1 Answer | Add Yours
There are some interesting elements to Marxist thought that could be seen in Hughes' work. The most striking would be in the first half of the film. The clique and social stratification that defines each of them is heavily influenced by economics. Claire and Andrew belong to the upper echelon of the social scene. Claire is there through popularity and wealth. The point is made in the film that she is not poor ("Daddy's Beemer," referring to her father's BMW car and status symbol, is one of the many economic insults that Bender hurls at her.) Andrew is in this realm because of athletics, something that the popular and wealthy control by extension. Outside of this, the other kids represent those who are marginalized. Brian is used for his grades and academic excellence, but the wealthy and powerful have little, if any, interest in him as a person. Allison and John are isolated and marginalized, following the Marxist logic that those who own the means of production have no use for those who do not directly benefit their own ends. The social stratification that the film argues is based off of social cliques is something that Marx sees as an extension of wealth. The recognition that each one makes in the others is something that Marx would dismiss as preposterous, as the wealthy do not willingly relinquish their power because "they do not want to become like their parents." In this light, Marxist theory would distance itself from the film. Whereas Hughes sees youth and age as defining elements, Marx sees wealth and privilege.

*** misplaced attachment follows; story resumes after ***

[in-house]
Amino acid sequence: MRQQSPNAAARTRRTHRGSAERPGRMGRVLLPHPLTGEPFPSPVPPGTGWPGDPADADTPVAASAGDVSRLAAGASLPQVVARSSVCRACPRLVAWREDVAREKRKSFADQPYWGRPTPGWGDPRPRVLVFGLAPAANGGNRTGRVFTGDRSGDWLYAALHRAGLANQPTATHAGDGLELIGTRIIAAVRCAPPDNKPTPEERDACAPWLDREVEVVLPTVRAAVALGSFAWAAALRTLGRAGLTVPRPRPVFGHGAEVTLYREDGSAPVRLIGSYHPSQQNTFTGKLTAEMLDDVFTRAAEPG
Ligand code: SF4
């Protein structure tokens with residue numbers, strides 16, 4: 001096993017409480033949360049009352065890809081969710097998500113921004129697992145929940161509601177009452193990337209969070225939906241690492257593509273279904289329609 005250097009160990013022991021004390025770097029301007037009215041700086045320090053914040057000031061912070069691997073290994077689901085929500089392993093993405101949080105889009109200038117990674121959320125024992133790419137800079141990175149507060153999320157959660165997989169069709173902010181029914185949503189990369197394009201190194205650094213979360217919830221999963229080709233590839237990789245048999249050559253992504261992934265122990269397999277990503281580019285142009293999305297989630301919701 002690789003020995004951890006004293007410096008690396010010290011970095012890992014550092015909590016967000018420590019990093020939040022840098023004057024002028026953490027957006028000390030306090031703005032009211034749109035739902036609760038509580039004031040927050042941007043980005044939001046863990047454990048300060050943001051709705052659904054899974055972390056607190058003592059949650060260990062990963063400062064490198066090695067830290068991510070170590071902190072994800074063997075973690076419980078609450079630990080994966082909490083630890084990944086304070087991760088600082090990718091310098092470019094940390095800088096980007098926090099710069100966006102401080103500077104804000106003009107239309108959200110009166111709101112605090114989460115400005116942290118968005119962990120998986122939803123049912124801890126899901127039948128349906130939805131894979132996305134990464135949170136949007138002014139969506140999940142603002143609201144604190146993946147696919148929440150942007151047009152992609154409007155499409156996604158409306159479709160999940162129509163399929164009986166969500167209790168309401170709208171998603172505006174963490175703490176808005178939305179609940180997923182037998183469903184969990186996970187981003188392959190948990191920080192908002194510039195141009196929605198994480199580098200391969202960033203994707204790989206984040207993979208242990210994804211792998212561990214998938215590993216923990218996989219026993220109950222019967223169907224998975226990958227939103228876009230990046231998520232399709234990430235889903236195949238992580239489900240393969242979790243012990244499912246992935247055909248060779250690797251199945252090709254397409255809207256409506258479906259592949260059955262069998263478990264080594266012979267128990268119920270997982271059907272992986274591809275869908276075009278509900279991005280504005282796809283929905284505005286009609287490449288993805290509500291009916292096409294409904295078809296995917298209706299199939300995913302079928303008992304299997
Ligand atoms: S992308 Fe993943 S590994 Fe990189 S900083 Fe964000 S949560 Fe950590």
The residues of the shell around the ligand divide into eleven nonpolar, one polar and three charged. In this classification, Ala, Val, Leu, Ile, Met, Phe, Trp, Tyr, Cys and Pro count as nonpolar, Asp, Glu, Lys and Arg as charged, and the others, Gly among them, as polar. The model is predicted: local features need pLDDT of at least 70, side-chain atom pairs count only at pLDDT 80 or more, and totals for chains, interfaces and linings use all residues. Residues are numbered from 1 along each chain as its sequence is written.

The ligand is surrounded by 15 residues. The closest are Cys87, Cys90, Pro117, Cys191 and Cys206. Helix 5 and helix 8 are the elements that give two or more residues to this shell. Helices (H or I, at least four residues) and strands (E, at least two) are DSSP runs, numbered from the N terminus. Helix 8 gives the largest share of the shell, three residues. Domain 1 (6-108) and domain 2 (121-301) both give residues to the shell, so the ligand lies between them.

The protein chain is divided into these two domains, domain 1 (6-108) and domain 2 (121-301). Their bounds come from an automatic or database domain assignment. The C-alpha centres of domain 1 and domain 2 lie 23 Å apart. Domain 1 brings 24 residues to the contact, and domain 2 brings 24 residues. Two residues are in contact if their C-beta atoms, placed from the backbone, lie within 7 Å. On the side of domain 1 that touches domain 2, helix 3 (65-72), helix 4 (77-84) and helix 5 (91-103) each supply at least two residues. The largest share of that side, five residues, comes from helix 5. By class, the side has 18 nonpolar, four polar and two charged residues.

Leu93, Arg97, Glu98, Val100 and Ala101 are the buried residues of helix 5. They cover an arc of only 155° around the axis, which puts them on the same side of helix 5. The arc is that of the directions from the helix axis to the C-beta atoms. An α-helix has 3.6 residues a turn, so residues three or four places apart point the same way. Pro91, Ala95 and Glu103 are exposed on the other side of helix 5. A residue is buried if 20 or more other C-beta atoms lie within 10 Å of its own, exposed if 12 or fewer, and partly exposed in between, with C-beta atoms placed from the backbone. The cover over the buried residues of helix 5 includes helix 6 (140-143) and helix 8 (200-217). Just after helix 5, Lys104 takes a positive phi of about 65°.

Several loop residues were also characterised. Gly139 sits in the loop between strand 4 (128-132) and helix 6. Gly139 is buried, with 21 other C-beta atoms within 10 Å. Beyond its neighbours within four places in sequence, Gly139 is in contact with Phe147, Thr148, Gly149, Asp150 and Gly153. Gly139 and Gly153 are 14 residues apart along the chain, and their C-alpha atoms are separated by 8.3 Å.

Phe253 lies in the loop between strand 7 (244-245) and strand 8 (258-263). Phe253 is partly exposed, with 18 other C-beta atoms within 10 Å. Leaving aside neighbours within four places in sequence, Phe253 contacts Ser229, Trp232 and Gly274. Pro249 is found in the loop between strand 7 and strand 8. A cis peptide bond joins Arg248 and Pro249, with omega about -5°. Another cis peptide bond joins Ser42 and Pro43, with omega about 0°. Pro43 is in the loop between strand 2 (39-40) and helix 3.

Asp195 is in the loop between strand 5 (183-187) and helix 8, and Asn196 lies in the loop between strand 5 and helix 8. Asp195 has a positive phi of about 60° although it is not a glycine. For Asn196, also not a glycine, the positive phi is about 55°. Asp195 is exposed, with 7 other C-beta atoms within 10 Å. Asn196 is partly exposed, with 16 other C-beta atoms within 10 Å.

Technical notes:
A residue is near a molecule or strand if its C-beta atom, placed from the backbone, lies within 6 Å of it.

We’ve answered 319,210 questions. We can answer yours, too.Ask a question